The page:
Focusing on our breathing, we then embarked down a path and were asked to be aware of the cyclical nature of breathing, both ours and that of the forest.  As we became aware of our own respiration, we thought about how we were inhaling that which the trees exhaled, and vice versa, thus creating a connection between our lives and the forest’s. It was deeply grounding to feel this critical tie between ourselves and nature.

Our series of invitations culminated in a period of individual reflection.  David gave each of us a small rolled up piece of paper and told us we may choose to open it during this time alone or when we got home, or even not at all. We each found a spot in the forest that spoke to us and settled in.  I opened my paper and found a beautiful aerial image of a river delta, showing a fractal-like pattern. This inspired me to spend my reflection period looking at my immediate surroundings for other fractal patterns, of which I found many.

At the end of our individual time, we gathered at the edge of the lake. We all agreed that the experience was eye opening. Each of us felt considerably more relaxed and focused, awake and aware.  It was a feeling that, for me, lasted the rest of the day and well into the next.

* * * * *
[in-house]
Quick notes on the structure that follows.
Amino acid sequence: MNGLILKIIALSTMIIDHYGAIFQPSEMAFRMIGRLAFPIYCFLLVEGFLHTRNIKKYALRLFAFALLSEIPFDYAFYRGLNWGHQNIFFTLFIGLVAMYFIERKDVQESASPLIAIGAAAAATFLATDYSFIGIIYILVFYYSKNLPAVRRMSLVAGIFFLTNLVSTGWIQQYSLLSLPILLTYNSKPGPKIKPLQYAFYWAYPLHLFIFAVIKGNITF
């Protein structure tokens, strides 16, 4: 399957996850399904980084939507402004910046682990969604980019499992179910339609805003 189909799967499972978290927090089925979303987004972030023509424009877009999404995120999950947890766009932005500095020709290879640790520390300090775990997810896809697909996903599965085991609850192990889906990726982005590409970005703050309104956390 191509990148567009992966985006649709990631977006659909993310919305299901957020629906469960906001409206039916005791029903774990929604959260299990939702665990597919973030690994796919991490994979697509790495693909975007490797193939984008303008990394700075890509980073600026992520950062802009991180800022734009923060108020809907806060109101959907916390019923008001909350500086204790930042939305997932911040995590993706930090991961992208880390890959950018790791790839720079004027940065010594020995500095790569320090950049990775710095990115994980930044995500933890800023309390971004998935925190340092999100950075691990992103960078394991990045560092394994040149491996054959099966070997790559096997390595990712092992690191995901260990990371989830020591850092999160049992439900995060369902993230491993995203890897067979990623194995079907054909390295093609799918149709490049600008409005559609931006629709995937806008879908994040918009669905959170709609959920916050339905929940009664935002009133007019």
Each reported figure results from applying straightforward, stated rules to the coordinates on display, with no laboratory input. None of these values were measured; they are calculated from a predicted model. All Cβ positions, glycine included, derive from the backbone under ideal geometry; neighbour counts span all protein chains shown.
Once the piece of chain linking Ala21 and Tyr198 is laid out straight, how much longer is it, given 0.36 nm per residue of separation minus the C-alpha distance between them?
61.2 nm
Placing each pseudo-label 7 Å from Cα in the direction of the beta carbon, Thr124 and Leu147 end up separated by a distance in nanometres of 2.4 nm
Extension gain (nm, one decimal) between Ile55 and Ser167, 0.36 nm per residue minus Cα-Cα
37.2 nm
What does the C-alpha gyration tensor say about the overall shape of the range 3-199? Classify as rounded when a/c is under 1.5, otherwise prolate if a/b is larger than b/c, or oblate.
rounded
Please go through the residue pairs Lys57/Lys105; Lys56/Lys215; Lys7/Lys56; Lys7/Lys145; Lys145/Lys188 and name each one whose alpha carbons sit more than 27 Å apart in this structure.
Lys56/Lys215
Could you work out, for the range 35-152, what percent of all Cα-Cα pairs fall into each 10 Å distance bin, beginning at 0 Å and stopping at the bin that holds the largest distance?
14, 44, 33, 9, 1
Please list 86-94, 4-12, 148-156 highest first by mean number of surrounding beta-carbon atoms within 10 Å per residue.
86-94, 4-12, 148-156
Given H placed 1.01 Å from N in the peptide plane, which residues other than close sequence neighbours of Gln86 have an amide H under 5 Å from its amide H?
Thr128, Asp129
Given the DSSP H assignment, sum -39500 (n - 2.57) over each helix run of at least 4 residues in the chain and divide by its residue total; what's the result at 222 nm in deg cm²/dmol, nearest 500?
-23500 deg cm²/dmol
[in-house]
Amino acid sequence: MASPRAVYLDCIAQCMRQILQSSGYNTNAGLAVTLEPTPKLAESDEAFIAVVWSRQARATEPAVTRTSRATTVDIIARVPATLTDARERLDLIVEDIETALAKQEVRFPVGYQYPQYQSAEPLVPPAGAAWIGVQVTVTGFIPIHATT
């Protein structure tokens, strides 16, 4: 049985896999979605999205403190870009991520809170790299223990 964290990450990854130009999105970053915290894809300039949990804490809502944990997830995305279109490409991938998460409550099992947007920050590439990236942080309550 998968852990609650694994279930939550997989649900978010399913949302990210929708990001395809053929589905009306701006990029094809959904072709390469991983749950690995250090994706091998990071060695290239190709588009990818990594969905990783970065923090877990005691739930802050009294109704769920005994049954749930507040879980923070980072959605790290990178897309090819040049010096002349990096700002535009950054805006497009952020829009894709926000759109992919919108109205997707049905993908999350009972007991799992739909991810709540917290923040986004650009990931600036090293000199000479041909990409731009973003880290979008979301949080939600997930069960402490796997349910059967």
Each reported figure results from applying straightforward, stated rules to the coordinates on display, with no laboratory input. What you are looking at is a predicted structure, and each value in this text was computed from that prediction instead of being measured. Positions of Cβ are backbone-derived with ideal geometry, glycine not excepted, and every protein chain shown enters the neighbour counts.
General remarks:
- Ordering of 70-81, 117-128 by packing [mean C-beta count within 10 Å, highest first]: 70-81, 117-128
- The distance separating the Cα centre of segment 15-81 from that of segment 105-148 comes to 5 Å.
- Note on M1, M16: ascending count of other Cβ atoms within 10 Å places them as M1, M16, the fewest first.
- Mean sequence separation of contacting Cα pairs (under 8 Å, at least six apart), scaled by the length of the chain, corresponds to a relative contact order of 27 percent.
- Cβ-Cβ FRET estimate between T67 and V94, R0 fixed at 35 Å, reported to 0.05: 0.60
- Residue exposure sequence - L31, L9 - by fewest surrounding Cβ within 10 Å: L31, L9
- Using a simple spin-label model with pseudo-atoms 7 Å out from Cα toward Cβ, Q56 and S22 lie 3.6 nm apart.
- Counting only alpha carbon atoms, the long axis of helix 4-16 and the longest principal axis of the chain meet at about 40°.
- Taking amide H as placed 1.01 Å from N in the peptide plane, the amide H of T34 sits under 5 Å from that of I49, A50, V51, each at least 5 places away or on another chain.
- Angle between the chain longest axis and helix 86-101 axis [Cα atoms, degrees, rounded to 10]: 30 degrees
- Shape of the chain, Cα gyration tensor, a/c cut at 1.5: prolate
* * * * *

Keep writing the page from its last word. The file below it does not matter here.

While the concept of forest bathing may sound new-age and somewhat mystic, there is hard science supporting both the mental and physical benefits of the practice.  Studies show that a forest bathing experience increases the number of natural killer cells in the body. Natural killer (NK) cells are aggressive cells of the immune system that play an important role in fighting cancer as well as viral-infected cells. In the study, twelve healthy male subjects, age 37-55 years experienced a three-day/two-night trip in three different forest fields. On the first day, subjects walked for two hours in the afternoon in a forest field; and on the second day, they walked for two hours in the morning and afternoon, respectively, in two different forest fields. Blood was sampled on the second and third days of the study, and showed at 50% increase in NK cells in 11 of 12 participants.

A different study considered both physiological and psychological effects, measuring systolic blood pressure (SBP), diastolic blood pressure (DBP), pulse rate (PR), autonomic functions, and profile of mood states (POMS).  It was found that all participants, “showed significant decrease in SBP, DBP, and in negative POMS items after a forest bathing session. Before the session, those with depressive tendencies scored significantly higher on the POMS negative items than those without depressive tendencies. After forest bathing, those with depressive tendencies demonstrated significantly greater improvement in many of POMS items than those without depressive tendencies, and many of them no longer differed between those with and without depressive tendencies.”

Forest bathing is as effective as it is enjoyable. The practice is not complicated – you can try it yourself in a wooded area near you, alone or with some friends.  Find your forest, turn off your phone, and enjoy the benefits the forest has to offer.